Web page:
Humans have been learning in the outdoors for all of recorded history. In the past, activities such as horsemanship, hunting, and farming were more likely learned for sustaining life and productivity. Throughout the Industrial Revolution and into the information age, learning in the outdoors has taken on a more specific connotation. In general, the types of learning that occur in outdoor settings fall into these major areas: outdoor education, outdoor recreation, experiential learning, environmental education, and adventure education/therapy. Often theories that support one area of focus such as outdoor education are also espoused in another area of focus such as adventure therapy.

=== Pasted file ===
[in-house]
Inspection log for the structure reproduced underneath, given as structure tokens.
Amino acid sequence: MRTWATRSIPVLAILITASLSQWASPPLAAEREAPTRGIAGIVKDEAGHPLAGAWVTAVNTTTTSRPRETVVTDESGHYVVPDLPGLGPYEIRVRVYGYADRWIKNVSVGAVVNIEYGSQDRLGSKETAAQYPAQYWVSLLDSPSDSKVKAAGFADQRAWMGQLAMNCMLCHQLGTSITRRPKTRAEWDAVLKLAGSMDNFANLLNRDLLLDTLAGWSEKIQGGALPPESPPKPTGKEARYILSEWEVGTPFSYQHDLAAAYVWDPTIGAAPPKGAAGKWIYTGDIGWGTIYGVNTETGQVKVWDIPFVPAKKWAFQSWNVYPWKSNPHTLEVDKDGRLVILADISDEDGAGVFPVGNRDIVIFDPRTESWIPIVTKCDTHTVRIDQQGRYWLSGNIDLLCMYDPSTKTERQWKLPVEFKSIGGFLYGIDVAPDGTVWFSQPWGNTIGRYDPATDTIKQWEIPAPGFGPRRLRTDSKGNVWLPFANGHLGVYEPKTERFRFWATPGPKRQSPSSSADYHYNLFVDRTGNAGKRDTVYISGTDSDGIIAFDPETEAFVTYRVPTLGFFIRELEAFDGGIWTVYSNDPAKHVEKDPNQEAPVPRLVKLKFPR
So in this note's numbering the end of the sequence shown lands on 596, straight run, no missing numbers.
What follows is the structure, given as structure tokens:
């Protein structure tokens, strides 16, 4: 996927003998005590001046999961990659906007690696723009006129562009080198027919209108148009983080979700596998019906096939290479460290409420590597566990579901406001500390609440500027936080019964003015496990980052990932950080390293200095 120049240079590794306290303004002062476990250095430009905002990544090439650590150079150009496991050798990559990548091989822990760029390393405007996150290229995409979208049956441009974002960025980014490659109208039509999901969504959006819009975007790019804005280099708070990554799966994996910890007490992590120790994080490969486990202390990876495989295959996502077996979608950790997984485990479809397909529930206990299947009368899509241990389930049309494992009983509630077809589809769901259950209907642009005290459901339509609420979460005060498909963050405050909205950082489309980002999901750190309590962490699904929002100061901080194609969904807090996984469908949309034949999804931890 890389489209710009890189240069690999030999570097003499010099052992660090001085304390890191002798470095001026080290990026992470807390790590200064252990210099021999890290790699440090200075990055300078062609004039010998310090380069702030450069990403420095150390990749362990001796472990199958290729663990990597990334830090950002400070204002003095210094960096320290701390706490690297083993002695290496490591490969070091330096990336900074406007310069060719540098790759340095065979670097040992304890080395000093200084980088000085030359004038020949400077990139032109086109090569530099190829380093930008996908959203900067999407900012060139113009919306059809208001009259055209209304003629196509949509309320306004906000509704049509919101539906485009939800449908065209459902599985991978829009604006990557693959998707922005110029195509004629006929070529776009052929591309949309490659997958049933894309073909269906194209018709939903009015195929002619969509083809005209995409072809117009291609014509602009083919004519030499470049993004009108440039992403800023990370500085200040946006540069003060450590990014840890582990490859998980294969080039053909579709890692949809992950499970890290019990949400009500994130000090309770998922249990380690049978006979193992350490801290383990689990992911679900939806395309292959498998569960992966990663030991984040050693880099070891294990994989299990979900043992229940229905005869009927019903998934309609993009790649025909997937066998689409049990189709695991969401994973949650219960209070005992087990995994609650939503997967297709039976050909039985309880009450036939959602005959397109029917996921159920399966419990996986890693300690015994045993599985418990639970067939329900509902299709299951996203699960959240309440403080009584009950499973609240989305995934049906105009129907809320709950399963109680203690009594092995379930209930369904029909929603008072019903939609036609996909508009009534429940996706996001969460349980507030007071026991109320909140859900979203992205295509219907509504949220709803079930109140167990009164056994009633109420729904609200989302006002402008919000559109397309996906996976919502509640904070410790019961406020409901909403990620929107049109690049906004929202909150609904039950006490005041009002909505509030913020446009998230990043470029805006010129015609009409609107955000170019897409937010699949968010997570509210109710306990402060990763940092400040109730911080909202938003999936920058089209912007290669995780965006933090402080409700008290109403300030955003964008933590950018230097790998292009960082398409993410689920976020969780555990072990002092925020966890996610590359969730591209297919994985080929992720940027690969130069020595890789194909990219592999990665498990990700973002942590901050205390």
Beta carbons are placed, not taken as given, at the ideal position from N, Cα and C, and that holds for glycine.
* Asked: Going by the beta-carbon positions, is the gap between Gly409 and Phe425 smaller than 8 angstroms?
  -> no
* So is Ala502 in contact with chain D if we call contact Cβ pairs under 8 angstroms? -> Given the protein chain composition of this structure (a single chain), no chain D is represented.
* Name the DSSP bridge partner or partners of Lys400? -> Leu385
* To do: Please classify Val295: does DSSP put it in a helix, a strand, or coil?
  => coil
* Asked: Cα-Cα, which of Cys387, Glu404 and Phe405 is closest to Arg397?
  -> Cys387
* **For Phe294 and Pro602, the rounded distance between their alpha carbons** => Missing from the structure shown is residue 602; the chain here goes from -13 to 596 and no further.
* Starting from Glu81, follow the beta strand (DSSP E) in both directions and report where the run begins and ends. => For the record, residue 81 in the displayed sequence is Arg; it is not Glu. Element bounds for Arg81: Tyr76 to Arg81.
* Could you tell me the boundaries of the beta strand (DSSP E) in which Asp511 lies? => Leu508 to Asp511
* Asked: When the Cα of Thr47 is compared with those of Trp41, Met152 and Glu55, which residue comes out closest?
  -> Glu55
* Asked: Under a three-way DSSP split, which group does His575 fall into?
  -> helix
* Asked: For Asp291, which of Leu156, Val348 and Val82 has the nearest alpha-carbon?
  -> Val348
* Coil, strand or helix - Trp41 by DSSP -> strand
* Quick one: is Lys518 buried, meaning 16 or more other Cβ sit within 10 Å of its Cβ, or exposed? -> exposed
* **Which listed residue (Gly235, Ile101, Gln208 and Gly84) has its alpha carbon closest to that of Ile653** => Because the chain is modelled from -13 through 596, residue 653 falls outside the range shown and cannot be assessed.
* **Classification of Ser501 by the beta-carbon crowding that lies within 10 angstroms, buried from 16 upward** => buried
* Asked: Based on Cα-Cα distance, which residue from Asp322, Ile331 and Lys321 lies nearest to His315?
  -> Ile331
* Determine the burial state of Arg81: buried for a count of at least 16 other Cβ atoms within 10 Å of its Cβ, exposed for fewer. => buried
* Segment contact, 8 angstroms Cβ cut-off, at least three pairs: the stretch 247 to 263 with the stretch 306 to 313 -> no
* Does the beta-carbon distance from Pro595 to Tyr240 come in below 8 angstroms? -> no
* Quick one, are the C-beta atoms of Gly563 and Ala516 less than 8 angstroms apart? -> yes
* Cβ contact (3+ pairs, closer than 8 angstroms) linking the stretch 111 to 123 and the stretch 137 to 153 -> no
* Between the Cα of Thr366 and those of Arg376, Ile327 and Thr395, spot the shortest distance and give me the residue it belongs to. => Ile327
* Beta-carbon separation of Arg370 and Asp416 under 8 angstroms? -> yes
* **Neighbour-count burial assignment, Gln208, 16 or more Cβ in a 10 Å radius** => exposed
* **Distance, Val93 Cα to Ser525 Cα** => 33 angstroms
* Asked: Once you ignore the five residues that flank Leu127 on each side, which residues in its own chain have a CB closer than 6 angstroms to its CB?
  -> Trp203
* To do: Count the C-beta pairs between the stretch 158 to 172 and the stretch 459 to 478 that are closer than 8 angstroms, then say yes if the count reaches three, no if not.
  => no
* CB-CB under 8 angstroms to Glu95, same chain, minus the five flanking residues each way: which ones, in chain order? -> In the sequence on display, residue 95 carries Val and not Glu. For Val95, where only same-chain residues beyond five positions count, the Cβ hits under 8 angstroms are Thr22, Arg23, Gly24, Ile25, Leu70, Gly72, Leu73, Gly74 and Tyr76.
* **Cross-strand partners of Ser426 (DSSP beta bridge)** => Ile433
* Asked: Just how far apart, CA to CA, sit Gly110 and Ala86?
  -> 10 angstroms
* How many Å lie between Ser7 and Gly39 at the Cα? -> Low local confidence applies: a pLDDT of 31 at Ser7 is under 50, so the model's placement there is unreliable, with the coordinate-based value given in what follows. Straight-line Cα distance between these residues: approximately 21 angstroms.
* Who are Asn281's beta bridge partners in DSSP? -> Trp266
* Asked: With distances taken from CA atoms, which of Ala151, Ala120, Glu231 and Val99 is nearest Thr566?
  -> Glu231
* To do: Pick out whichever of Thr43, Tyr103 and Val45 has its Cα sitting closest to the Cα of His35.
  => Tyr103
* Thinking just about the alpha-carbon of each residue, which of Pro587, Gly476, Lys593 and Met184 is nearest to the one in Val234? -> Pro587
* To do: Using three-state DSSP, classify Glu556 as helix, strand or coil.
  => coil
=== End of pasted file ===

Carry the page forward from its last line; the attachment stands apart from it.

The idea that children are experiencing a “nature deficit disorder,” which was popularized by the book Last Child in the Woods: Saving Our Children ...

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